CINCINNATI — Assistant principal Ben Hunt intended it as a short-term assignment for a team of Model United Nations students on their way to Rome: Find the graves of the local men who had died in World War II and been buried in Italy.
“We found 26 of them,” he said Tuesday. “Then one of the students asked, ‘Aren’t we going to find out more to their story?’”
That question became the seed of a project that would span the next two years and involve 72 student researchers, who collaborated to create the full-scale museum-style display that opened Tuesday in the school foyer.
“It’s insanely exciting to see everything physically,” senior Veronica Lakatos said. “These big, beautiful panels that can be shown to everybody, anywhere — it’s really awesome.”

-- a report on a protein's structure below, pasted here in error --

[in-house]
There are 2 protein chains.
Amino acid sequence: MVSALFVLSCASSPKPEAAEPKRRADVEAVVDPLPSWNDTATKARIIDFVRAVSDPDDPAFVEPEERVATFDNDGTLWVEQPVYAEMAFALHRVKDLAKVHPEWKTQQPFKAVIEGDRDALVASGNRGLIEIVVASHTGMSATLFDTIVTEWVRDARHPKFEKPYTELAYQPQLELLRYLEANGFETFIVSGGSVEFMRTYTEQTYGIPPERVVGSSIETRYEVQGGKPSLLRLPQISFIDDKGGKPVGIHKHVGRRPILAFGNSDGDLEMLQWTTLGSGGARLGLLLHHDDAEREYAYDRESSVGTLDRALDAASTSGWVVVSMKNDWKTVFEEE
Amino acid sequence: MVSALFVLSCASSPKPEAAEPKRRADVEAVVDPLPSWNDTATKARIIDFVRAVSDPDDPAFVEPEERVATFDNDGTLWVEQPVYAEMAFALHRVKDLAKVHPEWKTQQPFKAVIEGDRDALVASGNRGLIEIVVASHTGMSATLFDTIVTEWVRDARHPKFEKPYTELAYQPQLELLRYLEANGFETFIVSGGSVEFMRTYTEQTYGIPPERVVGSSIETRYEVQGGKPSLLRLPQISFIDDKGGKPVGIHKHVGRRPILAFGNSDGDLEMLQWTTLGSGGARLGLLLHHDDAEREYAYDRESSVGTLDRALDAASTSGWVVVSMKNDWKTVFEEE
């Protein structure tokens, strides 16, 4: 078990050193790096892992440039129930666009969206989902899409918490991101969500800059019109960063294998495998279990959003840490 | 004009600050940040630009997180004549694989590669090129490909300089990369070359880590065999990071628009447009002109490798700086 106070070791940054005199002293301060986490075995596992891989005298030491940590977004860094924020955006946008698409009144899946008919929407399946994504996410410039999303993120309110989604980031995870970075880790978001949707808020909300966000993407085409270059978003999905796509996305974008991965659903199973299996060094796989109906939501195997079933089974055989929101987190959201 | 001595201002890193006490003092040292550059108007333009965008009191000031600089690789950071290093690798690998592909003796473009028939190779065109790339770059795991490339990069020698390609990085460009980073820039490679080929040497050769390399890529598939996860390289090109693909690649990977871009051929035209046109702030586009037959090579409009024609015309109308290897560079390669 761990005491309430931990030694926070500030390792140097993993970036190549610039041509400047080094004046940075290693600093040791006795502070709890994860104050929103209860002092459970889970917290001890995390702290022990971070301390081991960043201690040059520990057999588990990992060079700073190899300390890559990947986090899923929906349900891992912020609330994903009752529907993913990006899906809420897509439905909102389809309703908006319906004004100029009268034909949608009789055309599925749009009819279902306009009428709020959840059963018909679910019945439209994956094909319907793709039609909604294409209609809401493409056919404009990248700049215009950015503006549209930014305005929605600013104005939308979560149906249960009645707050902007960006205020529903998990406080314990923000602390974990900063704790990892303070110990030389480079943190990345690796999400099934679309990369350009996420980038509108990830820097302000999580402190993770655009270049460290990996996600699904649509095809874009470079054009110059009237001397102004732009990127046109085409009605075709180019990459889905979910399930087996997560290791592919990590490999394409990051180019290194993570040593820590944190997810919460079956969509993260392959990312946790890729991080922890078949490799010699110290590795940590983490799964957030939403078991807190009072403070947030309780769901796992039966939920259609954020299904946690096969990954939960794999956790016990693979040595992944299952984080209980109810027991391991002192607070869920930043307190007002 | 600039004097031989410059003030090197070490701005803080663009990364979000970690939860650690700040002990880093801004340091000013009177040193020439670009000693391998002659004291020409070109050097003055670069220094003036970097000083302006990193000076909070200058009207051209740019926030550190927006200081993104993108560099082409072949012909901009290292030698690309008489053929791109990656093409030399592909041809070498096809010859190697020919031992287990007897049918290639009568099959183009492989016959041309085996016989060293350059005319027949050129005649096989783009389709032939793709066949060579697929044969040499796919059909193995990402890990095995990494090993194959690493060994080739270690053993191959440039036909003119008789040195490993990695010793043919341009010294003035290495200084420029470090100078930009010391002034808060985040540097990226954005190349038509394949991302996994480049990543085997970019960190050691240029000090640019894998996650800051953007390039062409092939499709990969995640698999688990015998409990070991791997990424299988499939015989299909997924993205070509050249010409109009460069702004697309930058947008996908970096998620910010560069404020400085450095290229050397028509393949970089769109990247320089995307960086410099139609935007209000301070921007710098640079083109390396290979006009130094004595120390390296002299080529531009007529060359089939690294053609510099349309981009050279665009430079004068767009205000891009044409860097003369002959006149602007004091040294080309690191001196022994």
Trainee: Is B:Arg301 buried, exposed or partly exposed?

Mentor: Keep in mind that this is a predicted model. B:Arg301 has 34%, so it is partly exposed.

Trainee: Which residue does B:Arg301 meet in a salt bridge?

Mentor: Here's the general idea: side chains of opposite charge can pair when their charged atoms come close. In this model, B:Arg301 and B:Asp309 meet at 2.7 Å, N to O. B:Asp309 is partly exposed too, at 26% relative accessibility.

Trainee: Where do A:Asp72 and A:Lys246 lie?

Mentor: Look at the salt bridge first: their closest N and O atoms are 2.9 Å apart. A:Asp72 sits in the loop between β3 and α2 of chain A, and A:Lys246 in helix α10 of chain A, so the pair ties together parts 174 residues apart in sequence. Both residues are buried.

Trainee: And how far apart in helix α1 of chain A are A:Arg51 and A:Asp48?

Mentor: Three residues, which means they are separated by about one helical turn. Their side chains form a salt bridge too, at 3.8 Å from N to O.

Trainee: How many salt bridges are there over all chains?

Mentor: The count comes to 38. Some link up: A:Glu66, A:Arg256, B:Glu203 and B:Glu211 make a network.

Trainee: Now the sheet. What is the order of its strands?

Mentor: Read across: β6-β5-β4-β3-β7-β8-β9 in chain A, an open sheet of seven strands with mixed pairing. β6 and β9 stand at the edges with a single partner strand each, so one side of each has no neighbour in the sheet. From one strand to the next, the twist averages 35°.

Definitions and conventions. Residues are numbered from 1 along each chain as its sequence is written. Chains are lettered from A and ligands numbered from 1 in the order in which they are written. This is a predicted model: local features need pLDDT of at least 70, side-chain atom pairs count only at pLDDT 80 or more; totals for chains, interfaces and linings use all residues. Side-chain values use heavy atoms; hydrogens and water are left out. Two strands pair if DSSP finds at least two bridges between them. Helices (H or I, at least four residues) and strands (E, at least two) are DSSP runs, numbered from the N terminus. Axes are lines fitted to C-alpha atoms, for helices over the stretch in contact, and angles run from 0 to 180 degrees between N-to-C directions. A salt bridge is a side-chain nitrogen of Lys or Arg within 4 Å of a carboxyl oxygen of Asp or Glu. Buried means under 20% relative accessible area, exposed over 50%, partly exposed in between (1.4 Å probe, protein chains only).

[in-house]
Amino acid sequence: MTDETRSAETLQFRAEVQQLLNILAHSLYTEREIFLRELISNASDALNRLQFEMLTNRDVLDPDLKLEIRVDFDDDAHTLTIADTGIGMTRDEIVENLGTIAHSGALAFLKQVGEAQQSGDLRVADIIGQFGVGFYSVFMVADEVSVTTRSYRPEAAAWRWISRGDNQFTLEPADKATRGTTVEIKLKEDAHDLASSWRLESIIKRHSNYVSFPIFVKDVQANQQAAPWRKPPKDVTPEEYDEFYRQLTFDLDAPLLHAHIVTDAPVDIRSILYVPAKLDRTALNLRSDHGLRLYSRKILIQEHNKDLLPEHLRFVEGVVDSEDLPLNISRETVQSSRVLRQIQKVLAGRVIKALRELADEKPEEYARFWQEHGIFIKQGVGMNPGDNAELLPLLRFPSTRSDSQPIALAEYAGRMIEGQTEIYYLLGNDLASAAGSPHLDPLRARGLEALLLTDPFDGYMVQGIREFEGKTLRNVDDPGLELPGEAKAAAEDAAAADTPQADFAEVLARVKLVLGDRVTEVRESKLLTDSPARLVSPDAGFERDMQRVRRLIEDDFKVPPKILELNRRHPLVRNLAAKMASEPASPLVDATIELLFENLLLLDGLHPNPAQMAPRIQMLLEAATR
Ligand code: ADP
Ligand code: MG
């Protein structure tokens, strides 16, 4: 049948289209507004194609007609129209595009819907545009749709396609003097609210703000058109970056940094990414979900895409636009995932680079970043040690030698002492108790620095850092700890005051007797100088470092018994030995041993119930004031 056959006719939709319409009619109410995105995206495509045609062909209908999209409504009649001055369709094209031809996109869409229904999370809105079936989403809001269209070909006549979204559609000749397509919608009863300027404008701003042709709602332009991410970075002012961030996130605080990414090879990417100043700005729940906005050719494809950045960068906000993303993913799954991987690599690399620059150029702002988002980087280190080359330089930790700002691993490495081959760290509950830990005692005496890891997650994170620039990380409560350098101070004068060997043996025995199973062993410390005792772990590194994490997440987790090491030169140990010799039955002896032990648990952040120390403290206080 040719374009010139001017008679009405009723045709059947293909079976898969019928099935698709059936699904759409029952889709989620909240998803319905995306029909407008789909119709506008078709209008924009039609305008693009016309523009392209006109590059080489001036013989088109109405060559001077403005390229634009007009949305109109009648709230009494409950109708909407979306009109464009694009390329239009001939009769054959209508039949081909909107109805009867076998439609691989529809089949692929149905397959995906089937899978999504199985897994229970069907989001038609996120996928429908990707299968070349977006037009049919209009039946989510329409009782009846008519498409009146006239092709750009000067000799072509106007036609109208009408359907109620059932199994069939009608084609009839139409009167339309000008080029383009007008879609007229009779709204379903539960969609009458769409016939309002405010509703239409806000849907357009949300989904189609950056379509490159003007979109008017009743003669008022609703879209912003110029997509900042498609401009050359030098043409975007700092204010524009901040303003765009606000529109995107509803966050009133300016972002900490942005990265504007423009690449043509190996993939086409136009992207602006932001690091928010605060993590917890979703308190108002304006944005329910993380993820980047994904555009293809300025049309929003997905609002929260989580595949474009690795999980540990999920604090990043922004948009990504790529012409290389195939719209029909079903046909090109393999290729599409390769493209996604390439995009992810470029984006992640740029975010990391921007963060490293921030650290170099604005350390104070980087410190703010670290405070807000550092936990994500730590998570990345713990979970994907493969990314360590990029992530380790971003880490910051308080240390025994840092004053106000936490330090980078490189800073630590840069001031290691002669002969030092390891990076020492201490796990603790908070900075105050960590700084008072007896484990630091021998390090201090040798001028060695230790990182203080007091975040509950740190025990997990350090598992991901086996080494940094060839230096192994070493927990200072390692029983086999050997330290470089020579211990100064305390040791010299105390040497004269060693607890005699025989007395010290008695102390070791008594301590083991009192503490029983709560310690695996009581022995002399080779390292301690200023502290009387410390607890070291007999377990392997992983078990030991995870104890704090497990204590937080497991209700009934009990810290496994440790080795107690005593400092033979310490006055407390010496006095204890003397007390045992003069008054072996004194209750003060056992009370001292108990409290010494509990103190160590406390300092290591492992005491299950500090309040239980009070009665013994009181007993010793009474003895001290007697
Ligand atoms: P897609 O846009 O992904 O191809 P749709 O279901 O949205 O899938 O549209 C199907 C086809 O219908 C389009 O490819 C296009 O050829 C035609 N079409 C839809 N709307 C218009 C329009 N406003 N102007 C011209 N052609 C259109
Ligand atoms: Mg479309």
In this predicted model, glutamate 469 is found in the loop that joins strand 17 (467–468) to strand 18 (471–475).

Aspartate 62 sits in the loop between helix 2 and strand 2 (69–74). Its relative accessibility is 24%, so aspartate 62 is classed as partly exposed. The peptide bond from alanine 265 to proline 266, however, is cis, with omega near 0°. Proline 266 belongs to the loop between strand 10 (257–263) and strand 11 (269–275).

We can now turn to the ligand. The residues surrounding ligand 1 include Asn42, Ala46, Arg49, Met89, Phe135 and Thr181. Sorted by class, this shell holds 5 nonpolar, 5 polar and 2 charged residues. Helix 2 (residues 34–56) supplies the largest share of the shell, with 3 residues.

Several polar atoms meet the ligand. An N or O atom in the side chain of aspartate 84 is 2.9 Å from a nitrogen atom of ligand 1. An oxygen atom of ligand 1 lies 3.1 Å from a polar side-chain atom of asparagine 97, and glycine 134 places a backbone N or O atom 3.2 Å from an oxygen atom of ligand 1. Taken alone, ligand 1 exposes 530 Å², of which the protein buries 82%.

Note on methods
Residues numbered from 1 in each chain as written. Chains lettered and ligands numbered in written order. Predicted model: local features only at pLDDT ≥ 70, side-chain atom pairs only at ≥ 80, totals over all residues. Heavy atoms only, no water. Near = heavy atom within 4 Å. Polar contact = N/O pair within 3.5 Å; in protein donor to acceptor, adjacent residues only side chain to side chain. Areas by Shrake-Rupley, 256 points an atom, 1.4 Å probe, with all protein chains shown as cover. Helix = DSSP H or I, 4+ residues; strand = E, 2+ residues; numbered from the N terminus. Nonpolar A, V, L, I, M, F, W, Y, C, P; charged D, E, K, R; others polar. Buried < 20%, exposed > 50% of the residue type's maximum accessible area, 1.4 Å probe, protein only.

The exhibit includes information about each of the men, some of whom were as young as 22 when they died, the war and the six-month battle that claimed many of their lives. The Allies lost 7,000 men to the Battle of Anzio between Jan. 22 and June 5, 1944, one of many salvos in the fight to reclaim fascist-held Italy from the Axis powers.
Lakatos, who helped her classmates contact the men’s families over the course of the project, said she hopes it gives them a more personal look at the conflict.
“I hope they can see that there’s so much more than just hearing about a war — seeing the numbers of casualties, injuries and things like that,” she said. “They see there’s actual people behind those numbers.”
The exhibit will remain at Mount Notre Dame until summer, at which point it will move to the Tri-State Warbird Museum. It will travel to Purcell Marian High School for the fall.
“Seeing these kids realize these are real people, researching, finding their stories, they’re helping bring their stories alive,” Hunt said.